a report released today. The group is calling for technology companies that require large data centers to begin using renewable energy sources, warning that "the growth of Internet computing could come with a huge jump in greenhouse gas emissions".By the year 2020, the big players in cloud computing and big data could consume more power than France, Germany, Canada and Brazil combined, says environmental advocacy group Greenpeace in
Greenpeace is calling attention to a central flaw in the duality of technology - its ability to help the world while, at the same time, running off the same old, dirty, polluting power sources that harm it.
The report, entitled "Make IT Green: Cloud Computing and its Contribution to Climate Change", "shows how the launch of quintessential cloud computing devices like the Apple iPad, which offer users access to the 'cloud' of online services like social networks and video streaming, can contribute to a much larger carbon footprint of the Information Technology (IT) sector than previously estimated."
The report highlights Facebook's recent commissioning of a data center in Oregon, which is powered primarily by coal, "the United States' largest source of greenhouse gas emissions." Yahoo!, on the other hand, "chose to build a data centre outside Buffalo, New York, that is powered by energy from a hydroelectric plant - dramatically decreasing its carbon footprint." Google, it notes, has been "recently approved as a regulated wholesale buyer and seller of electricity", meaning any power it creates that it cannot use it can sell back to the power companies.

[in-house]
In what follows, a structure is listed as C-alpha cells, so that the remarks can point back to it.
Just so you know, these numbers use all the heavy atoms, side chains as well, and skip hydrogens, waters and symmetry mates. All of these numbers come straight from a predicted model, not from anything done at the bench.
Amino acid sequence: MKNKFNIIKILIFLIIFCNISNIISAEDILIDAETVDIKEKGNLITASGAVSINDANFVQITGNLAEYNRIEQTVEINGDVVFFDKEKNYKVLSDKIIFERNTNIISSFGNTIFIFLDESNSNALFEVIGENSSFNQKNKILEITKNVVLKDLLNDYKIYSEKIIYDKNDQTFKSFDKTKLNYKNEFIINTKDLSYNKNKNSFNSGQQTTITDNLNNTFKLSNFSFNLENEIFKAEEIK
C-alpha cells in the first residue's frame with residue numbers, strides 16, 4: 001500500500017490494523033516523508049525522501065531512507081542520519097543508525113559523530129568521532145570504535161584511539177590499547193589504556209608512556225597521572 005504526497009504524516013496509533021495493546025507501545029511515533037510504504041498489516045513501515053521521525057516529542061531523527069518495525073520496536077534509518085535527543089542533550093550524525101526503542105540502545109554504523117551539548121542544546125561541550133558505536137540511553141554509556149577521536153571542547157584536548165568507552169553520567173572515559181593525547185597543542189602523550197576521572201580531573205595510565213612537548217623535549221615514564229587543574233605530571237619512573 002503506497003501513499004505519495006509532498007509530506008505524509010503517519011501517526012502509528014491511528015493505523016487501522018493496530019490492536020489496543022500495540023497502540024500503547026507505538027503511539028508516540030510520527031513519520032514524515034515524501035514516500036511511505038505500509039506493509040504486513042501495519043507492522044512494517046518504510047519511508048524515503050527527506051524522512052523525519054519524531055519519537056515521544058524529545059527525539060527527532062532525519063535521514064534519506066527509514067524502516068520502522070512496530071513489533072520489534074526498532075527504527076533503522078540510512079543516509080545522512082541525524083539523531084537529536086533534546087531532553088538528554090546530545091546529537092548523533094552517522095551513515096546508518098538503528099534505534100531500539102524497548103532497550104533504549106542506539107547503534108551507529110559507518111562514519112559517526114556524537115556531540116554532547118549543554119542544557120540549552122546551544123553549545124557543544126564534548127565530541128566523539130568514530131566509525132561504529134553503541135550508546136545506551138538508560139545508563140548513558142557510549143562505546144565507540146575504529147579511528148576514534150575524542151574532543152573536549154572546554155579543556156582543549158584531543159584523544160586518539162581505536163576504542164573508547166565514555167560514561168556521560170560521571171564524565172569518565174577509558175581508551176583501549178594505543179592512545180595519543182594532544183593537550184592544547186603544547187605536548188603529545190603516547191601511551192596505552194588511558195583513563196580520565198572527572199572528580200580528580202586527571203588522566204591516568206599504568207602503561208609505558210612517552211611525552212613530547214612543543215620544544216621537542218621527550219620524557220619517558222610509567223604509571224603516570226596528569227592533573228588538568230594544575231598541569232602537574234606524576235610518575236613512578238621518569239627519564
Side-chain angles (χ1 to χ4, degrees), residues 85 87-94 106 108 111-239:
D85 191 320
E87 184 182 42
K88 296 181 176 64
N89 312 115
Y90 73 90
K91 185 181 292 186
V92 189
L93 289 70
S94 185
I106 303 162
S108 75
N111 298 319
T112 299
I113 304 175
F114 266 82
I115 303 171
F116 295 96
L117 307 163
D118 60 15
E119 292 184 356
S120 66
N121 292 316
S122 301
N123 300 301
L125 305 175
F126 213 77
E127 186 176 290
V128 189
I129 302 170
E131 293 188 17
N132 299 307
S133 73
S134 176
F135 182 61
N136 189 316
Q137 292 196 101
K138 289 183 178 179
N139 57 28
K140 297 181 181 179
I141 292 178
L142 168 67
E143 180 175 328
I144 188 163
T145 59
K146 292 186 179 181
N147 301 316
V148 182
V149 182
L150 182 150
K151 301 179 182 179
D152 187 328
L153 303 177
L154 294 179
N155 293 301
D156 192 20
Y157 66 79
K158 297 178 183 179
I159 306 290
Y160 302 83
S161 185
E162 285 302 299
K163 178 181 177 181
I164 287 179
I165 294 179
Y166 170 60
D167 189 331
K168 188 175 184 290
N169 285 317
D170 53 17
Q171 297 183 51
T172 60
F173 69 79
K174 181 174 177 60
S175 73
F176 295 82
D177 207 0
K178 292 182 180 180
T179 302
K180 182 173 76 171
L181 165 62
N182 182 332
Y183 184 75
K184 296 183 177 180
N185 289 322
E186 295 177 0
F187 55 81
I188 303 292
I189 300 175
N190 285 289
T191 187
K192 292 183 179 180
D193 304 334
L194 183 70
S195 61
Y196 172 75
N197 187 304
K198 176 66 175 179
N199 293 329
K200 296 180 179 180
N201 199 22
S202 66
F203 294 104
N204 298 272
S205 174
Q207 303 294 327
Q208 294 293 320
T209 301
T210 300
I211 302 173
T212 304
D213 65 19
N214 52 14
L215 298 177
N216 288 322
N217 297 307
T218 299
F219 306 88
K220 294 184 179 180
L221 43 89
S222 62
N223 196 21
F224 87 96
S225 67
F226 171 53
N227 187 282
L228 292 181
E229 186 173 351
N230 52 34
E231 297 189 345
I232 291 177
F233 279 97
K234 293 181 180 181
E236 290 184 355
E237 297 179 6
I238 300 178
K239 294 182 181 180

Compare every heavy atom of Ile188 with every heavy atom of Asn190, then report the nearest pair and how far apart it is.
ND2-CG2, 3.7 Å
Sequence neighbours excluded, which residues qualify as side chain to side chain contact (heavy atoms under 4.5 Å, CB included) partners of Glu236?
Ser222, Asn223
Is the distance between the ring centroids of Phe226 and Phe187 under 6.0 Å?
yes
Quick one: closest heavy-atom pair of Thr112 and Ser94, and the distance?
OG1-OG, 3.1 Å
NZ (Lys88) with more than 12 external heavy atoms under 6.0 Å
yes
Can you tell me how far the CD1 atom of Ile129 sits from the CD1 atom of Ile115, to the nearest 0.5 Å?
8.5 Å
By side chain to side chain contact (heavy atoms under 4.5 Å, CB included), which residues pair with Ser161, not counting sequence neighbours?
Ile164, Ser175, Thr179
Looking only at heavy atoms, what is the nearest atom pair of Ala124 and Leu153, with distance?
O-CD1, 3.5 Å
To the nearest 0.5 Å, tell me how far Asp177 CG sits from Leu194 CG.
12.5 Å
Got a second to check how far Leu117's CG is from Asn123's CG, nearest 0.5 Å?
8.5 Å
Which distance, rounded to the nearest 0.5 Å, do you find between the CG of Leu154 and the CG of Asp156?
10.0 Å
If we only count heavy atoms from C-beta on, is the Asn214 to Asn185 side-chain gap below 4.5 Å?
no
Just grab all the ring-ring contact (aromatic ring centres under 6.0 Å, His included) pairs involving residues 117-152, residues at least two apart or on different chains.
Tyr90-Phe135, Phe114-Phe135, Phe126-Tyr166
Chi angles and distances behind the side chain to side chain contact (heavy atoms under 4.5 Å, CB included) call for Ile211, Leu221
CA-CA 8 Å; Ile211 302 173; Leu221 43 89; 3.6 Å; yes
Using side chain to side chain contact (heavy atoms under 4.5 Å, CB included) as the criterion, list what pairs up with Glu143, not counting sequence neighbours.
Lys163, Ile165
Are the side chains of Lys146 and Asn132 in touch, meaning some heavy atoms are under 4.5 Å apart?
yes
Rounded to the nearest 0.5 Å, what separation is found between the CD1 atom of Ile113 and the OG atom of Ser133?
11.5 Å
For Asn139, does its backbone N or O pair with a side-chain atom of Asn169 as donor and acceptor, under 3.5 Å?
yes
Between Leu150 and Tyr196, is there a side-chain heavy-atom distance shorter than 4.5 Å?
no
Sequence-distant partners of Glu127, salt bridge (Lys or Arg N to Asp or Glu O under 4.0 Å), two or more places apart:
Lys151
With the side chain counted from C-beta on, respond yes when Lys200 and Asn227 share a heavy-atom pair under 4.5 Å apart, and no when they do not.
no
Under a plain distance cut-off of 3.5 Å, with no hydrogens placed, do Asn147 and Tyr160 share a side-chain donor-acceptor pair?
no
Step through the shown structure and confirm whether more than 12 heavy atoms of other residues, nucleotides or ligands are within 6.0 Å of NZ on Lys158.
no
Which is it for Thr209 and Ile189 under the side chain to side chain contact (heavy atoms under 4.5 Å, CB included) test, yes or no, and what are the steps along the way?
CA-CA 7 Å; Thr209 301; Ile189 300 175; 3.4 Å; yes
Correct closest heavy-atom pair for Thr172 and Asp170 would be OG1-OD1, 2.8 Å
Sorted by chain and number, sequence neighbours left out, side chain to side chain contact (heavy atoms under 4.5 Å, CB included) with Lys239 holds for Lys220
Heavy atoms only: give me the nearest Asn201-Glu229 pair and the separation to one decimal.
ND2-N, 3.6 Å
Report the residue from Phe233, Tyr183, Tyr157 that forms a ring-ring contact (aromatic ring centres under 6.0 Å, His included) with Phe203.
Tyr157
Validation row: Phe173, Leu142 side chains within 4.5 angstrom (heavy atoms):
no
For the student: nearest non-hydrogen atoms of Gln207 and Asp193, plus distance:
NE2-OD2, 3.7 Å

Greenpeace is using statistics from Smart 2020, a 2008 study that found that changes within the ICT sector could reduce "15% of business as usual emissions". As a result of rapid expansion in places like India and China, "demand for ICT services will quadruple by 2020".
The release of the report comes just days before Apple's release of the iPad, a device that will assuredly run off cloud-based services, and just weeks after Microsoft said it was betting the farm on the cloud.